Richmond, VA — Under the direction of Mayor Levar M. Stoney, the city is acting quickly to potentially save millions in debt service payments prior to changes in federal tax law.
City finance officials have been working with the city’s financial advisors and bond counsel to pursue an advance refunding of bonds originally issued in 2013 and 2014. The savings opportunities were made possible with the early completion of the FY2017 Comprehensive Annual Financial Report (CAFR), and the reported $16.9 million general fund surplus.
An advance refunding is a financing technique allowing an issuer to obtain the benefit of lower interest rates when the outstanding bonds are not currently callable.
During the next 15 years (over the life of the bonds), savings from this refunding are conservatively estimated to be $3 to $4 million, but these savings are not yet guaranteed and are subject to changes in market conditions until the bonds are sold.
Typically, the city would take advantage of an advance refunding of its debt at any time when interest rate savings are favorable. However, due to recent tax legislation proposed by both the U.S. House of Representatives and U.S. Senate, the ability to do an advance refunding would be eliminated after December 31, 2017.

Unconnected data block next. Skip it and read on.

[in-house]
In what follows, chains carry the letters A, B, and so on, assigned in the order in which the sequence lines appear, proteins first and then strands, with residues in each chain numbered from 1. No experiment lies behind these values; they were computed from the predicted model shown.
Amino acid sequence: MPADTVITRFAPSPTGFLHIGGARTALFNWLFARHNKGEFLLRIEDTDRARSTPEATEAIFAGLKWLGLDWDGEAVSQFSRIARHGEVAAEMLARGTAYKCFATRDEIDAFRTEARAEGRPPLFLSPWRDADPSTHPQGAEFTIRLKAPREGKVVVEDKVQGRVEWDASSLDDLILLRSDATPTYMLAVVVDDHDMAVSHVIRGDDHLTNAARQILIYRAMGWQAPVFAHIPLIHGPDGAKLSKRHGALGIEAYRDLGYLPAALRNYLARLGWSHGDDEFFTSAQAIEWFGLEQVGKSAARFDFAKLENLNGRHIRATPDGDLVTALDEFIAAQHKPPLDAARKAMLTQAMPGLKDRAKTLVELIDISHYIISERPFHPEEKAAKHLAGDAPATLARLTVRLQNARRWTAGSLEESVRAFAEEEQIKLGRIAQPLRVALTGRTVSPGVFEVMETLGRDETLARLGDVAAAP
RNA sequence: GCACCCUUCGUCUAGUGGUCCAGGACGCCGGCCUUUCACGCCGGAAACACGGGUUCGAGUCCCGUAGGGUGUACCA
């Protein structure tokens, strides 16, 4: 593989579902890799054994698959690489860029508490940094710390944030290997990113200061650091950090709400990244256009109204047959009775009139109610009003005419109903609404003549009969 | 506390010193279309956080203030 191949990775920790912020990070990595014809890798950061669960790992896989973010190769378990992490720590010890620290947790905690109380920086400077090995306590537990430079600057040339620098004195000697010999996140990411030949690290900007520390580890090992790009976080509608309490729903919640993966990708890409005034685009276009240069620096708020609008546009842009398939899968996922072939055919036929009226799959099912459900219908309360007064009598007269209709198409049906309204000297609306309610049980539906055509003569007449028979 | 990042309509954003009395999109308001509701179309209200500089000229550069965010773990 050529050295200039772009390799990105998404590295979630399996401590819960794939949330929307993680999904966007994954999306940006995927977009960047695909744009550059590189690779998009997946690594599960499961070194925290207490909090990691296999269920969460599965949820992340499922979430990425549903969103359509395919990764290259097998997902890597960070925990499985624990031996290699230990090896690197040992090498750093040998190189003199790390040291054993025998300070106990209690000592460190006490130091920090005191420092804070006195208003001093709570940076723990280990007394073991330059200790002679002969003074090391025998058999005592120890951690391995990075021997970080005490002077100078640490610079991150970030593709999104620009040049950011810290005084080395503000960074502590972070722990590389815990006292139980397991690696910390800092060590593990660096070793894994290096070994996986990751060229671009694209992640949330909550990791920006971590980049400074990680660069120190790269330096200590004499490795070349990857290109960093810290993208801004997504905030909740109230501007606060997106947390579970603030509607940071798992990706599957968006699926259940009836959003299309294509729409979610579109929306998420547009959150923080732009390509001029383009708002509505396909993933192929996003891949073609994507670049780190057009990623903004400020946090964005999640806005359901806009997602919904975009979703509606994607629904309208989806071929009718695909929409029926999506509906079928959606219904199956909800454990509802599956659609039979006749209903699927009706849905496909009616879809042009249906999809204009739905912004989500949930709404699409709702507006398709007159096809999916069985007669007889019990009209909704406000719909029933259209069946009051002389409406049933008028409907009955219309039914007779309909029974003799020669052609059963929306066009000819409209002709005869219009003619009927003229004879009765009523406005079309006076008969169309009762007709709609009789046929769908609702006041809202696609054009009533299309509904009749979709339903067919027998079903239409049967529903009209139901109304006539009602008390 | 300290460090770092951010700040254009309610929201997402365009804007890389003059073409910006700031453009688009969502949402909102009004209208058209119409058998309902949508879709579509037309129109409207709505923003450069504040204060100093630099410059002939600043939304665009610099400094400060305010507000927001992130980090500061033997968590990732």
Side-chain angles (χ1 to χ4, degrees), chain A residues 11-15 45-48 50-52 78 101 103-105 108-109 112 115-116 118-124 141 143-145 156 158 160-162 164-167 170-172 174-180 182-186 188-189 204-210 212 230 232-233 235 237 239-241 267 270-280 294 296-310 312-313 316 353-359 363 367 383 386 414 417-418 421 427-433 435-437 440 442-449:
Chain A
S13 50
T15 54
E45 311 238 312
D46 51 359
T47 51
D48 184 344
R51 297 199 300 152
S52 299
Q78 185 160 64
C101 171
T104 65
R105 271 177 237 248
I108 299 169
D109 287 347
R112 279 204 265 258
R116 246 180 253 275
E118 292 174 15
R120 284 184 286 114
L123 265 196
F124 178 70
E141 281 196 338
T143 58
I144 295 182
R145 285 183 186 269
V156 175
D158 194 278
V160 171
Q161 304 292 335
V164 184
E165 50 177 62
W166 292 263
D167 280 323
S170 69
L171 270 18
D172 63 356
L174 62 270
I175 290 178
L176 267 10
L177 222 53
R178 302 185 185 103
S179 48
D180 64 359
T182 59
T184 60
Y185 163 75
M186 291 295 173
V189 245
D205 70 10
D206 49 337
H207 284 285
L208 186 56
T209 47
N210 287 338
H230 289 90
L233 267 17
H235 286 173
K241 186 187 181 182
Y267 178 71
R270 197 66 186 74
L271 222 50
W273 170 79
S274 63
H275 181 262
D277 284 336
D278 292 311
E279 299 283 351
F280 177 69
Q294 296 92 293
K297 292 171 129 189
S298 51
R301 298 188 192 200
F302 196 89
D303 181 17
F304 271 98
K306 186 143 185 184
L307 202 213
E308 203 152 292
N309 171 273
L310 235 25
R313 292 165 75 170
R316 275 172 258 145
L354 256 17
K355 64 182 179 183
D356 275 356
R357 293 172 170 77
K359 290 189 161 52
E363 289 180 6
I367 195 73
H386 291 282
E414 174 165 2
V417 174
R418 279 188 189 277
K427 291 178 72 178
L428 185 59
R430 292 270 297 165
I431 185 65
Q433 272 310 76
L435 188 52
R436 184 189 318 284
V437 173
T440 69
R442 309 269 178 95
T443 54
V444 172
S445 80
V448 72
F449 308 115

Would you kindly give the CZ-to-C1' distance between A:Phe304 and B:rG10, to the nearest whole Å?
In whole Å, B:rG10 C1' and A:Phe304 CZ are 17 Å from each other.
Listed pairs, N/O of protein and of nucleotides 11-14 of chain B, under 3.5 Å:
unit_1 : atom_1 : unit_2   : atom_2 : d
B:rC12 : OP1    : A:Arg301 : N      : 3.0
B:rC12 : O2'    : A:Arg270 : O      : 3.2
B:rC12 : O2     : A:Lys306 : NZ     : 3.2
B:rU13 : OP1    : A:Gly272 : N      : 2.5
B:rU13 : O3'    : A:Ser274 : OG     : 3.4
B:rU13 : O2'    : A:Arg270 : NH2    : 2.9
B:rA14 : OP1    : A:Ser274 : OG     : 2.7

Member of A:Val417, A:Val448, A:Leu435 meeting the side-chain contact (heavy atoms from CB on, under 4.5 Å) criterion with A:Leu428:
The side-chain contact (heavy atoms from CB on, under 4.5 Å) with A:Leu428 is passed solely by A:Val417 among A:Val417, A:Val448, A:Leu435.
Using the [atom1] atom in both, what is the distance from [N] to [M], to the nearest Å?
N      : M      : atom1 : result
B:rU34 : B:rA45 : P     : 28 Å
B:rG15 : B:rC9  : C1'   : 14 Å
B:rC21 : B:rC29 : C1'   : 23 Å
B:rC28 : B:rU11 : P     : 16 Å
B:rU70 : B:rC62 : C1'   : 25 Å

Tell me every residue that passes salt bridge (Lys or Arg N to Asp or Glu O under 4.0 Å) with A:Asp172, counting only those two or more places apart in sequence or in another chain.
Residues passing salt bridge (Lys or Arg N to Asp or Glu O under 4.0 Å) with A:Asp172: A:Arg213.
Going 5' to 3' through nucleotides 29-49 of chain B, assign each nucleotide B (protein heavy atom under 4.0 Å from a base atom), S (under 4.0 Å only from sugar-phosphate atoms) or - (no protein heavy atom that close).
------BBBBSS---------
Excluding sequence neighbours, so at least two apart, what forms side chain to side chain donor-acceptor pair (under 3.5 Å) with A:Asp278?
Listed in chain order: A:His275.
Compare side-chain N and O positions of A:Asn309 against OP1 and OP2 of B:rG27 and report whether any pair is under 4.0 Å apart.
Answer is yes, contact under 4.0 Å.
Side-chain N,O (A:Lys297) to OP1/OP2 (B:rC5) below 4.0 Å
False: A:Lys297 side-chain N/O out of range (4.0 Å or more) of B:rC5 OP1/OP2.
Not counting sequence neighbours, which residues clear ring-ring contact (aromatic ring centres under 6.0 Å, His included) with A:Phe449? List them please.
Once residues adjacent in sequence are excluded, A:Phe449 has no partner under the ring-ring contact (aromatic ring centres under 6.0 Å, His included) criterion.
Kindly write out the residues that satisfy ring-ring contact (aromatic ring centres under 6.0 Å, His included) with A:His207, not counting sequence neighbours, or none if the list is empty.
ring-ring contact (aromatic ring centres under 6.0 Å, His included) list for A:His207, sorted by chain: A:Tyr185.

The introduction and adoption of the refunding resolution put forth by the mayor and administration authorizes the advance refunding with the potential for the city to save millions of dollars before this tax law change.
There will be a special meeting of City Council on the evening of November 30 in council chambers to address the resolution.
“Through this refinancing, we can save millions of dollars,” said Mayor Stoney. “I applaud our Finance Department for identifying this opportunity, and appreciate City Council’s flexibility to act quickly on this matter.”